Maximum Heart Rate Calculations Get an Overhaul for Women
Have you ever worked out struggling to keep in your target heart rate zone to no avail? (she says with both arms raised high). The ever-so-awesome Katie sent me this article: Recalibrated Formula Eases Women’s Workouts. Thanks Katie!
It seems the old formula for calculating our maximum heart rates was too simplified, and this new version (which is just barely more complex) is the way to go. In the olden days (you know – last week), we would calculate our maximum heart rate by subtracting our age from 220. From there, we would calculate our target heart rate range (to try to maintain during workouts) as 65% to 85% of this number.
According to the ancient calculation, my target heart rate zone would be: 220 – 35 (my age) = 185 times 65% and 85% to be … 120 to 157, with 157 being my “target heart rate” for a good workout.
According to the modern day calculation, as a woman, my target heart rate zone would be: 206 – (35 x 88%) = 175 times 65% and 85% to be … 114 to 149, with 149 being my “target heart rate” for a good workout.
I think they are getting a wee bit closer, but this still seems a bit oversimplified to me. It doesn’t take into consideration any other factors like resting heart rate, fitness level, size/weight, altitude (yes, it matters!), etc. My resting heart rate is quite low, usually in the 50’s, and my heart rate recovers very quickly. If I manage to get it up around 150, it is down to 110 to 120 within 1 minute, and 100 or lower within 2 minutes. For me to maintain a heart rate over 140 during a workout is very difficult.
And such is my journey with Insanity. In this program the intervals often have my heart rate up over 150 for several minutes (during the 30 second breaks it usually goes down quite a bit). In an optimal workout, one should feel tired, but good afterward. You’ve all heard of runner’s high right? A good workout typically leaves me feeling a bit of energy. Insanity does not. It is the first time (aside from long tournaments or big hikes) that I have ever just wanted to plop down on the couch after a workout. And these aren’t super-long or particularly challenging workouts – just high cardio for prolonged periods.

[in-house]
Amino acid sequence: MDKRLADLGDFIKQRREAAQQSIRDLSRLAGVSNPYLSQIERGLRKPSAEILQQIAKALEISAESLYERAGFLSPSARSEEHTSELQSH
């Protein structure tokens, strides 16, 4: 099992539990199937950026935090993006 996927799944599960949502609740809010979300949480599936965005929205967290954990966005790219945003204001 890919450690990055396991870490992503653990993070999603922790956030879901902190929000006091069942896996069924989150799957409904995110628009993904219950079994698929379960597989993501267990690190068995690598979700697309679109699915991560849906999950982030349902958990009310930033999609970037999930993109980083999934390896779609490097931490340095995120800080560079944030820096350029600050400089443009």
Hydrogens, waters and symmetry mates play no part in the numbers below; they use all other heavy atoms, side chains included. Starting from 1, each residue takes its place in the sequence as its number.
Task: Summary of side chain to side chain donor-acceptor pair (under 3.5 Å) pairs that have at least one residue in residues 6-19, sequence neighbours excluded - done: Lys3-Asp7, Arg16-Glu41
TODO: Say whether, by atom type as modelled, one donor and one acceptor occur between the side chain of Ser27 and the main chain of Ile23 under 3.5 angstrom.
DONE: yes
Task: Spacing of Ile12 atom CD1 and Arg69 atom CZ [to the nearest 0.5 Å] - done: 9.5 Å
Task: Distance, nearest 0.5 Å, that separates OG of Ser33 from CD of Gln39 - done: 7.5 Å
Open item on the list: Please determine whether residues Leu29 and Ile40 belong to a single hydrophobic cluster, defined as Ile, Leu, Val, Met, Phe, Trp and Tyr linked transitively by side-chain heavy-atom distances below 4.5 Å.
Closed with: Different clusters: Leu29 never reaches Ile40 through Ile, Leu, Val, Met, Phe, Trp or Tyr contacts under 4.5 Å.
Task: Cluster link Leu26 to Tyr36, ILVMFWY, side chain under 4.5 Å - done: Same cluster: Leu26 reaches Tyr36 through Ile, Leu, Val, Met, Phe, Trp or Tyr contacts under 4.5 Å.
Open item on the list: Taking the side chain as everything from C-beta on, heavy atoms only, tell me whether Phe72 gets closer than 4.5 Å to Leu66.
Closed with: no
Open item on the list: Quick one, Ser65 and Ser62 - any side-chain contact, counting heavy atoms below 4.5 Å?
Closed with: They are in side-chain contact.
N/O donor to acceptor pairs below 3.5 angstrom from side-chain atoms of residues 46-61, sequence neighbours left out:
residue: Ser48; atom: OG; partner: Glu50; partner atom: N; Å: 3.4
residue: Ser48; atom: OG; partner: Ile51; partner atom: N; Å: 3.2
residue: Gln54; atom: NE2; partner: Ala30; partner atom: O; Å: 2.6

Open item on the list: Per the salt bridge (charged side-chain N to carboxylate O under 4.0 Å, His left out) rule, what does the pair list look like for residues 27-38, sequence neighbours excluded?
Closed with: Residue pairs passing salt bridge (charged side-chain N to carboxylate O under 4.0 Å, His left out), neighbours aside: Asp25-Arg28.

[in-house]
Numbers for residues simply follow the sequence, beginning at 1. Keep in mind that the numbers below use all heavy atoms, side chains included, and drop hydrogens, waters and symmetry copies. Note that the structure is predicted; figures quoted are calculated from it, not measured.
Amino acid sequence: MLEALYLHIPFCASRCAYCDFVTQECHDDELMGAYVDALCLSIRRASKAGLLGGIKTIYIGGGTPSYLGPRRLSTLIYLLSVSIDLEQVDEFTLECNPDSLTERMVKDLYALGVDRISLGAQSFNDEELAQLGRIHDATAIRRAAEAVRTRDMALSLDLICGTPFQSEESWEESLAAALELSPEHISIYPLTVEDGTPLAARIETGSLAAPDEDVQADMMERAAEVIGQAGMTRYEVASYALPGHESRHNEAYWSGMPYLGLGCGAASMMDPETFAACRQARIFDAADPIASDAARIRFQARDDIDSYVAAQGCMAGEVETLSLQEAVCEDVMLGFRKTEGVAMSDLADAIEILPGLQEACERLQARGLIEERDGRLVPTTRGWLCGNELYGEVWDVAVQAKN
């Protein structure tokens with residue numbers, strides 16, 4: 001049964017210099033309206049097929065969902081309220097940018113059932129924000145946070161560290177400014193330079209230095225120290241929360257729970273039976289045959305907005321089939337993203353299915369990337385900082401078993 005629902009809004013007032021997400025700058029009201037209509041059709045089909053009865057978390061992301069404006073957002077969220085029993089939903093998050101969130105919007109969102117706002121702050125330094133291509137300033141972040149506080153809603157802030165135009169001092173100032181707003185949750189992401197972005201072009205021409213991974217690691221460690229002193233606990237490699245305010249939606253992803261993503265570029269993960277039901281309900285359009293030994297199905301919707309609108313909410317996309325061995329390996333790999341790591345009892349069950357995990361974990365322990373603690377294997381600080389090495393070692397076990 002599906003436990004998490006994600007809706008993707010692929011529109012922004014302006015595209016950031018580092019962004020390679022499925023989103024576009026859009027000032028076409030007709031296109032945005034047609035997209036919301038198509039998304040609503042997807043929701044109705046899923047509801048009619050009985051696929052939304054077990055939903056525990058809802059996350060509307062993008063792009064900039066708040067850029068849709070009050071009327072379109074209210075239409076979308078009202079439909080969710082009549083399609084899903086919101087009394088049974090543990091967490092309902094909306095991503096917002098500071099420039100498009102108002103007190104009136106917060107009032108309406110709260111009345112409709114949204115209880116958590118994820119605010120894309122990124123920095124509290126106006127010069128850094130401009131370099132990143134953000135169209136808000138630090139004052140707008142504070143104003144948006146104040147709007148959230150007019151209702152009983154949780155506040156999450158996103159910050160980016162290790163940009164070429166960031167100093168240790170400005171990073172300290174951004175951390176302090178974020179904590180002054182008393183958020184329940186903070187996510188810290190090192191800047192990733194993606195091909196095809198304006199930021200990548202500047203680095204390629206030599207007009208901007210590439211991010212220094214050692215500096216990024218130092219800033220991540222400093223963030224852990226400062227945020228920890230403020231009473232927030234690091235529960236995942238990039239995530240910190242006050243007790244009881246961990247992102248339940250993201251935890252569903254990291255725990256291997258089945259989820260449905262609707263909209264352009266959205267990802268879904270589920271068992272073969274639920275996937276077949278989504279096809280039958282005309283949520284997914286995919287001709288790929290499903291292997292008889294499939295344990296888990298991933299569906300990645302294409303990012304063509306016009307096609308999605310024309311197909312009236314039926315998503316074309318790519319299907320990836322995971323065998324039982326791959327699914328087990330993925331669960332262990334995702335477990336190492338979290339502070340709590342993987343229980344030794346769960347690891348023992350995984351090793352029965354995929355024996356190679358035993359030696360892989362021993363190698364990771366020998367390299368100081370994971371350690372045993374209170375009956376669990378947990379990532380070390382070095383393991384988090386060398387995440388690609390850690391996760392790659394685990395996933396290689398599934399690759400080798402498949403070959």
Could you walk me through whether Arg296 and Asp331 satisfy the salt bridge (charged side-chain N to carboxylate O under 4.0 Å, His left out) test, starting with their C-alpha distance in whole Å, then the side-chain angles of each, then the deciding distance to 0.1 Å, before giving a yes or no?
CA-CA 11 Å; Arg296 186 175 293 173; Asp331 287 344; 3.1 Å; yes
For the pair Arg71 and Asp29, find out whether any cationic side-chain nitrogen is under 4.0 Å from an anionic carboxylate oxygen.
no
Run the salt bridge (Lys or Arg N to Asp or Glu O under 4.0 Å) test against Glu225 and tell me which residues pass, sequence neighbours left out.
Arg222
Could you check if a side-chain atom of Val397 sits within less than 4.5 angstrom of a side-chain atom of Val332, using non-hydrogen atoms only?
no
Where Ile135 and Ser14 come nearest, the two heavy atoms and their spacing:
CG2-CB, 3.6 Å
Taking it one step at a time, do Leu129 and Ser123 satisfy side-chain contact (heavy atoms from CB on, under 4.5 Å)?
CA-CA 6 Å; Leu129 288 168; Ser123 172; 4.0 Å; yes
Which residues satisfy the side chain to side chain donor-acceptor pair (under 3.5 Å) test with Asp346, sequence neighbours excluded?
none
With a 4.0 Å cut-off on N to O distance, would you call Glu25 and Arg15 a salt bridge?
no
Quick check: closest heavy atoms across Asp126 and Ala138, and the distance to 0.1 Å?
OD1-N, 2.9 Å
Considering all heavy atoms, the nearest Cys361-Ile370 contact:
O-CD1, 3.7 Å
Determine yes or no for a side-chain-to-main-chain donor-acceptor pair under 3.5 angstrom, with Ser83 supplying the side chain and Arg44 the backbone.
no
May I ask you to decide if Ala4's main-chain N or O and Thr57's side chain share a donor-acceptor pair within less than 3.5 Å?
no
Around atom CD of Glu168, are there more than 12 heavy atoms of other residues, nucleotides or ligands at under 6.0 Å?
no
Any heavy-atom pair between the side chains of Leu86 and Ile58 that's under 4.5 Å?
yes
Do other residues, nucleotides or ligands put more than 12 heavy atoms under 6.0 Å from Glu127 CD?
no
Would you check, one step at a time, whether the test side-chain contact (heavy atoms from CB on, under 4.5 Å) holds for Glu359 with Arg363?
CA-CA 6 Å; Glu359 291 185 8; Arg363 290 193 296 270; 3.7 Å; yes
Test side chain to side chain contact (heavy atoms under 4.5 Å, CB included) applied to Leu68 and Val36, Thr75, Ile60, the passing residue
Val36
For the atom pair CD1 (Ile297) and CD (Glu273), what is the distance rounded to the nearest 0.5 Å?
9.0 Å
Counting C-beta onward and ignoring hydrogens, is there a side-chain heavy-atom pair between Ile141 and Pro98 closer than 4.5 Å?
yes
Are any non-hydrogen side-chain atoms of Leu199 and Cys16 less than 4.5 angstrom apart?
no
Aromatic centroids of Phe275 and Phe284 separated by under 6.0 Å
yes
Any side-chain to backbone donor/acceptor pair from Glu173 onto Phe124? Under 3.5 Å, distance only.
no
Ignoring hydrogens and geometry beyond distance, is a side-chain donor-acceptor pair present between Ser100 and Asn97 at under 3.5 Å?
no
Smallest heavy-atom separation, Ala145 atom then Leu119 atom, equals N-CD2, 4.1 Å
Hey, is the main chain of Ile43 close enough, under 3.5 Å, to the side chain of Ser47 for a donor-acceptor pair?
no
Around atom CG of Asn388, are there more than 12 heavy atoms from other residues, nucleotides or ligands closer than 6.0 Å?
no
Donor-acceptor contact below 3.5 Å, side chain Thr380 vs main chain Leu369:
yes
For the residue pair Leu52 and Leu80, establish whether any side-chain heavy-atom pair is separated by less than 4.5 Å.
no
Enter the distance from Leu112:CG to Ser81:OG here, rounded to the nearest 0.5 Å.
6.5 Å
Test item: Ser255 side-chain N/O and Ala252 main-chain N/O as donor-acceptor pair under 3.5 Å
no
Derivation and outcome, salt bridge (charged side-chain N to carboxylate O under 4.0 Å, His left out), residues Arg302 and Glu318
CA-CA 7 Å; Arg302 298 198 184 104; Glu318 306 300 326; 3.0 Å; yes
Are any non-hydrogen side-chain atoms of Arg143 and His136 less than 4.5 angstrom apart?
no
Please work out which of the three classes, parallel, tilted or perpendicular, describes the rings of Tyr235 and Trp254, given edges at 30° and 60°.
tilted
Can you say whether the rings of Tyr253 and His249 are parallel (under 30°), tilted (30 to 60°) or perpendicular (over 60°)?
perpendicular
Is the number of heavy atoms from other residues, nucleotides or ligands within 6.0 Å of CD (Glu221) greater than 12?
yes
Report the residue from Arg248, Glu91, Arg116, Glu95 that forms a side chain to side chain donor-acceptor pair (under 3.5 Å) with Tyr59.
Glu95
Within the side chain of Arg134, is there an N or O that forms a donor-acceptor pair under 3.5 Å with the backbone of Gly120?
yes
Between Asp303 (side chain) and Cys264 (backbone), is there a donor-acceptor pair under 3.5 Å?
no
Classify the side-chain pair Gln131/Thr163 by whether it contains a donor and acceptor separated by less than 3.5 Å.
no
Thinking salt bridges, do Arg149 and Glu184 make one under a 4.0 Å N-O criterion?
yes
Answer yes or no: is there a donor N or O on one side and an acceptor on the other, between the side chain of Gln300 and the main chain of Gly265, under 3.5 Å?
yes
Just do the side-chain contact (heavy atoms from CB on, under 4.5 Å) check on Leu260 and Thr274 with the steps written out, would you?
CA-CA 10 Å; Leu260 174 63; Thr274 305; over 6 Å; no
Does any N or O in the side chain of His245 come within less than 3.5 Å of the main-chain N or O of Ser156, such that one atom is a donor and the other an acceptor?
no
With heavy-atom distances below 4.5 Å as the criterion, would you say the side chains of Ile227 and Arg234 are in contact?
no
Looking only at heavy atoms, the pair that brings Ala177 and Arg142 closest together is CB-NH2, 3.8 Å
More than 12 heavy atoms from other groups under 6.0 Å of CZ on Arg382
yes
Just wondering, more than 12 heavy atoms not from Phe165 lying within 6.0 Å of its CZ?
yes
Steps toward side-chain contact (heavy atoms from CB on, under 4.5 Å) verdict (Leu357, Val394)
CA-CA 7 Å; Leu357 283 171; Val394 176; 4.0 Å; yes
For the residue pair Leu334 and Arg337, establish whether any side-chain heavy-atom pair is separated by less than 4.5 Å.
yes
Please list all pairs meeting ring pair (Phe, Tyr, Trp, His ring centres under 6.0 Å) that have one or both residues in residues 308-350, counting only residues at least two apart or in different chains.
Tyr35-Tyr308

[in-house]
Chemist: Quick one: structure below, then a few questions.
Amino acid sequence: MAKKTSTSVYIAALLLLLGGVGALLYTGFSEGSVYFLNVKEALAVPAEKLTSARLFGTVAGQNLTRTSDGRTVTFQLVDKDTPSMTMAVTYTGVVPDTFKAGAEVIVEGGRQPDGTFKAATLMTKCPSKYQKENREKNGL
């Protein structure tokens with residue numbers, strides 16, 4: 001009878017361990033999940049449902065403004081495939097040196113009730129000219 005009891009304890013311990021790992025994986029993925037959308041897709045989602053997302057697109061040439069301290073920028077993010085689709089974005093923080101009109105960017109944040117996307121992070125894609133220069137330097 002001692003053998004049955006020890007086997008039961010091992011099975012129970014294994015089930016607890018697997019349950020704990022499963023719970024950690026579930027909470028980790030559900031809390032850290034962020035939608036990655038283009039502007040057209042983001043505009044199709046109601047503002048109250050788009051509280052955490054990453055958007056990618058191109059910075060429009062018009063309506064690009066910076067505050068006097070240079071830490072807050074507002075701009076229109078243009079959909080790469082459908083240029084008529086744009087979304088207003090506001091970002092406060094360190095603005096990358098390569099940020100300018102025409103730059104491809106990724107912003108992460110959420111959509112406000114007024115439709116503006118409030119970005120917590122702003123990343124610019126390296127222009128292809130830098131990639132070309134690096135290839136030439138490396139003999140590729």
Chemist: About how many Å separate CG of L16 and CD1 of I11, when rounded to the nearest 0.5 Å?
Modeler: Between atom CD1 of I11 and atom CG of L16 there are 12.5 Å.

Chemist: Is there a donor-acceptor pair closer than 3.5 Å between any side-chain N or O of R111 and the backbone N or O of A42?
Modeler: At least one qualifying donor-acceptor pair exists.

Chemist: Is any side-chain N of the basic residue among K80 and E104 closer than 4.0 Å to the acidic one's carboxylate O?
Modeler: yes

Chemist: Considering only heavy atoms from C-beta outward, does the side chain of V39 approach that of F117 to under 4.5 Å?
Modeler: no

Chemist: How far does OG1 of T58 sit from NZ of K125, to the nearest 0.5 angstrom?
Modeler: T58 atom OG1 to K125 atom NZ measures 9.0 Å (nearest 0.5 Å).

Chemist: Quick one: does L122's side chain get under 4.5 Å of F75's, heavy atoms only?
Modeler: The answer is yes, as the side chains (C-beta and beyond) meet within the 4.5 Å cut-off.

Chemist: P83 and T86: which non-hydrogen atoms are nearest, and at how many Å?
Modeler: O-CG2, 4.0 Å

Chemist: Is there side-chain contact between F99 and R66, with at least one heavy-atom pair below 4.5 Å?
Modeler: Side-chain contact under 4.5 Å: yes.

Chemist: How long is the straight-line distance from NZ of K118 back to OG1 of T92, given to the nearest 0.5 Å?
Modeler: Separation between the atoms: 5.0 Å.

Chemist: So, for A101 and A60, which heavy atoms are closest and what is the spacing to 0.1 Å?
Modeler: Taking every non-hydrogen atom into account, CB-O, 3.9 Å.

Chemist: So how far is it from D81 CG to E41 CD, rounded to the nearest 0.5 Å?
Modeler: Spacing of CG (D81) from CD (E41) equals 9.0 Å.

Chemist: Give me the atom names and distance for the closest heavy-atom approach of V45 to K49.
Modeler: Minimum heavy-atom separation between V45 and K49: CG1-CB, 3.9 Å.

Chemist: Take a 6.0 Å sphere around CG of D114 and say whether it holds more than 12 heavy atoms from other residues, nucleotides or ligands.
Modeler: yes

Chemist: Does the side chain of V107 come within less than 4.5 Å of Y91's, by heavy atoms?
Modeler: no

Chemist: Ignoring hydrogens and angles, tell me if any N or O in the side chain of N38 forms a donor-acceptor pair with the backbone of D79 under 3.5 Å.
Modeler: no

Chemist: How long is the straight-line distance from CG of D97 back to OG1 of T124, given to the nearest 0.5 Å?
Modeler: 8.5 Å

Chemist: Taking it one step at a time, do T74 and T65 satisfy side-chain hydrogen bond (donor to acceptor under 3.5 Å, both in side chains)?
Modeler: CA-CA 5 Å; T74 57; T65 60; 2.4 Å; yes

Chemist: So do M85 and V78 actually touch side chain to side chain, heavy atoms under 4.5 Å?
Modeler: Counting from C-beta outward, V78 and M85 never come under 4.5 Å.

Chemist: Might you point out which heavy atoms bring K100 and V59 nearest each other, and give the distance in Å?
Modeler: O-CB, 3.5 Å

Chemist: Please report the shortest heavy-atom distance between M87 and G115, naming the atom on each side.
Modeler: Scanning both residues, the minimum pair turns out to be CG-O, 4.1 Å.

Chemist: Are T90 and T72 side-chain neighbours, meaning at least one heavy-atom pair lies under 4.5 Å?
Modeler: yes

To me, this says I am working out for too long of stretches at a heart rate that is too high. It seems some of the scientists agree with me:
“But many researchers say it is ridiculous to base exercise goals on a person’s age rather than individual fitness level.
Dr. Church says that except for elite athletes heart rate monitoring is not very useful and can distract from finding an exercise program you enjoy and will stick to. “Everyone kind of has their own natural pace,” Dr. Church says. “If you like to work a little harder, then work harder. If you like to work less hard but a little longer, then do that. Find what works for you.”
You can read the full article here.
So what do you think? Does the new calculation offer some relief to your goals? Do you monitor your heart rate while exercising? Do you find it hard to stick with workout routines?
FYI – I am very old school. I have low blood pressure with a soft pulse, so heart rate monitors don’t work. I use the old fingers on the neck and clock watching (count for 10 seconds then multiply by 6), which seems to be pretty accurate.
Wednesday – 40-45 min Plyo / Cardio from Insanity, 2 Mile Walk.
Thursday – Recovery Day, 1.5 Mile Walk.